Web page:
I learned this song from the Cornish traveller Charlotte Renals, who is featured along with her sisters Betsy Renals and Sophie Legg on the Veteran cassette Catch me if you Can (now available in expanded form as VT119CD). Her version has several two and three line verses. I’ve filled in the gaps, and put the verses in a more logical order, with the help of a very complete set of words collected by Cecil Sharp in August 1905 from Captain Robert Lewis of Minehead in Somerset.
In Charlotte Renals’ version the male protagonist is Captain Walters. A perfectly respectable name. But in Captain Lewis’ version the bounder’s name is Captain Thunderbold:
My name is Captain Thunderbold
It’s a name I will ne’er deny
Well why would you deny a name like that? And how could I resist including it in the song?
Looking at the numerous broadside versions available via Broadside Ballads Online the name seems to be universally given as ‘Captain Thunderbolt’ and this is the title Phoebe Smith has for her version of the song.
The Shannon Side – broadside from the Bodleian collection, printed by H. Such, between 1863 and 1885.
I had let this song lapse for several years, but recently relearned it, and I must say it’s good to have the song back in my repertoire.
Last Christmas I was taken to task for failing to mention, when I wrote about ‘This is the truth sent from above’, the version collected, and subsequently arranged for choir, by Ralph Vaughan Williams. That version, noted from a Mr Jenkins at King’s Pyon in Herefordshire, has, I have to admit, a rather wonderful melody. But actually variants of the same melody seem to have been used elsewhere in the Welsh border counties for other carol texts. I have a four-part arrangement which I hope to post some time of a version of ‘On Christmas Night All Christians Sing’, collected in Shropshire by Cecil Sharp, and which is clearly a variant of Mr Jenkins’ tune. And here’s another variant, once again from Herefordshire, recorded in 1909 by Vaughan Williams and E.M. Leather from Mr W. Hancock (or Hancocks) at Weobley.
The tune and first verse of the carol were printed in the Journal of the Folk-Song Society Vol 4 No 14 (1910), alongside numerous other really fine carols collected by Vaughan Williams. The notes for this piece say “Noted by R. Vaughan Williams, from a Phonograph Record”. I have completed the words with a further five verses (out of an available twelve) from A Good Christmas Box, a collection printed at Dudley in the West Midlands in 1847. It would seem that the song was not infrequently classed as a Christmas carol, as can be seen from these examples from the Bodleian and Full English collections, but it’s clearly a Passiontide piece. Referring back to the Journal article, I was glad to see that Ella Leather concurs: she notes
It is a great favourite with Herefordshire singers, and was formerly sung at Christmas, although the subject is clearly the Crucifixion and not the Nativity.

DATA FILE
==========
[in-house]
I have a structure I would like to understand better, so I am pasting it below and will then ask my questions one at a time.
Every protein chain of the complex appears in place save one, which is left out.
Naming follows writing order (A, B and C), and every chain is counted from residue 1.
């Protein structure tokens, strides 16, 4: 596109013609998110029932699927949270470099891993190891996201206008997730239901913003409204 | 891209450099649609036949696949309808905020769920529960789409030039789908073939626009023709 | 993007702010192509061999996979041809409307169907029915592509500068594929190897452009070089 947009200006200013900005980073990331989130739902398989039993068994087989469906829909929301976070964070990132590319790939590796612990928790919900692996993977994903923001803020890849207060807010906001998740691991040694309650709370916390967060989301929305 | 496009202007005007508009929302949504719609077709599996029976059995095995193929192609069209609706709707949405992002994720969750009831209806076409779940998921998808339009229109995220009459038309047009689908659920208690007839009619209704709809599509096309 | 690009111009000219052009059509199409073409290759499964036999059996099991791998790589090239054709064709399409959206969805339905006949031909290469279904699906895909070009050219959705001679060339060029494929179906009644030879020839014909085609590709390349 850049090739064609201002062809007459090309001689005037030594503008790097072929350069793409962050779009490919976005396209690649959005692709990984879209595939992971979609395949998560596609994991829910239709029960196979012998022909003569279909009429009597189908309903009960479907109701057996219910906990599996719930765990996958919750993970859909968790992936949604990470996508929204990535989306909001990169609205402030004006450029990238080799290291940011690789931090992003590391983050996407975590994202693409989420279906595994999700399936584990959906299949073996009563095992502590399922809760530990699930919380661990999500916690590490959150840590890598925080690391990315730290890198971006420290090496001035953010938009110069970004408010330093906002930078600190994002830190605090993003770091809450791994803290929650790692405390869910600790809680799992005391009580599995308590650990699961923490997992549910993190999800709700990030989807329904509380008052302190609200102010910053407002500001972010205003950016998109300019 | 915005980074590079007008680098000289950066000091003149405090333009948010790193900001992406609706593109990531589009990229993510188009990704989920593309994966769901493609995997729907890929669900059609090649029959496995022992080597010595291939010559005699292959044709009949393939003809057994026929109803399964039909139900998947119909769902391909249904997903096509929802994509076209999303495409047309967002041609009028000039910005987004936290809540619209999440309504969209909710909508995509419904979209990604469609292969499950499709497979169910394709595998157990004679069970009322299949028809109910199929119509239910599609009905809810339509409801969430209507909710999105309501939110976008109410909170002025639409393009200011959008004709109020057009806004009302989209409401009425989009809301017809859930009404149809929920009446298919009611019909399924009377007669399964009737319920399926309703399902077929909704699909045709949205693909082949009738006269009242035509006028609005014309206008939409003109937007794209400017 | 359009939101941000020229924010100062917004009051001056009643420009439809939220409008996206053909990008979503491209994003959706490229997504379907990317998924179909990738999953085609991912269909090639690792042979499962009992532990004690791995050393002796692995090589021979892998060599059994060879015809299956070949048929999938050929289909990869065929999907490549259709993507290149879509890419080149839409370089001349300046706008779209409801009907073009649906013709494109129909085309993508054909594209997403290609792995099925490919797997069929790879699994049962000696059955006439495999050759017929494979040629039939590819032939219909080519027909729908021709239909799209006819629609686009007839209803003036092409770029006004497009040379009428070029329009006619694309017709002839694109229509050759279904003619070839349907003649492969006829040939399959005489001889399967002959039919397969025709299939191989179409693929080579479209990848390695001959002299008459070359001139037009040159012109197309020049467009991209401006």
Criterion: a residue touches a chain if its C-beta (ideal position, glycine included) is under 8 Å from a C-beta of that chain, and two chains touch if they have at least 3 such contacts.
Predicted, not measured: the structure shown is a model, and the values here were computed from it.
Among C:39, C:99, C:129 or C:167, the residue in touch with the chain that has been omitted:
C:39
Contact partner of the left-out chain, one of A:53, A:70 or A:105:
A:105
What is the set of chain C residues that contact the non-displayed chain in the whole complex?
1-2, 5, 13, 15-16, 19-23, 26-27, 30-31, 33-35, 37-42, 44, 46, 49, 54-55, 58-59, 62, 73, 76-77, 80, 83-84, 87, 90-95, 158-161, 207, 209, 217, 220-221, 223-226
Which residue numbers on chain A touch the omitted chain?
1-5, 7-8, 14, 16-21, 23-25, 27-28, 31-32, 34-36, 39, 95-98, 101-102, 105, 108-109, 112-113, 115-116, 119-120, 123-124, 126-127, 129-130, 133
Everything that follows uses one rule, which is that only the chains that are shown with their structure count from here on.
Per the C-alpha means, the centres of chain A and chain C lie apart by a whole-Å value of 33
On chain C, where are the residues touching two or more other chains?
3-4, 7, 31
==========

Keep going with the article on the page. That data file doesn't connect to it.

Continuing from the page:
The Fountain Of Christ’s Blood, from the Lucy Broadwood Manuscript Collection, via the Full English archive.
Having learned and recorded ‘Jack Williams’ a couple of months ago, this was to have been my second new song of 2014. So far, however, all attempts to din the words into my head have proved fruitless. I have occasionally, when recording songs for this blog, had the words in front of me as a safety net; this is the first time they’ve been an essential prop. I wanted to put the song online now though, as it’s appropriate for Easter, and I’m not sure that I have enough songs to keep this blog going till Easter next year!
And am I born to die?
To lay this body down!
And must my trembling spirit fly
Into a world unknown?
My mate Bob, a man of many and varied musical enthusiasms, recently contacted me with the following:
I was knocked sideways by the unexpected sound of Shirley Collins’ voice on a recent Freak Zone, Stuart Maconie’s late night celebration of the exotic, esoteric and the little heard end of the popular music spectrum. And yes, much of it is little heard for very good reason.
She was singing a Methodist hymn called Idumea on an album called Black Ships Ate the Sky by an experimental music group called Current 93, the creative vehicle of a man called David Tibet since the 80’s.
Black Ships Ate the Sky features several versions of Idumea, each with a different vocalist but Collins’ version is the pick… It is clearly not the voice of a young woman but she holds the tune effortlessly and, more importantly, delivers a huge emotional hit. In this regard, I was reminded of the first time I heard the aged Johnny Cash singing Hurt.
I’ve had a listen to most of the album on Spotify, and I have to confess that Bob was spot on when he predicted that much of it would not be to my taste. But I can well understand how David Tibet (or indeed anyone) would be very taken with this powerful hymn.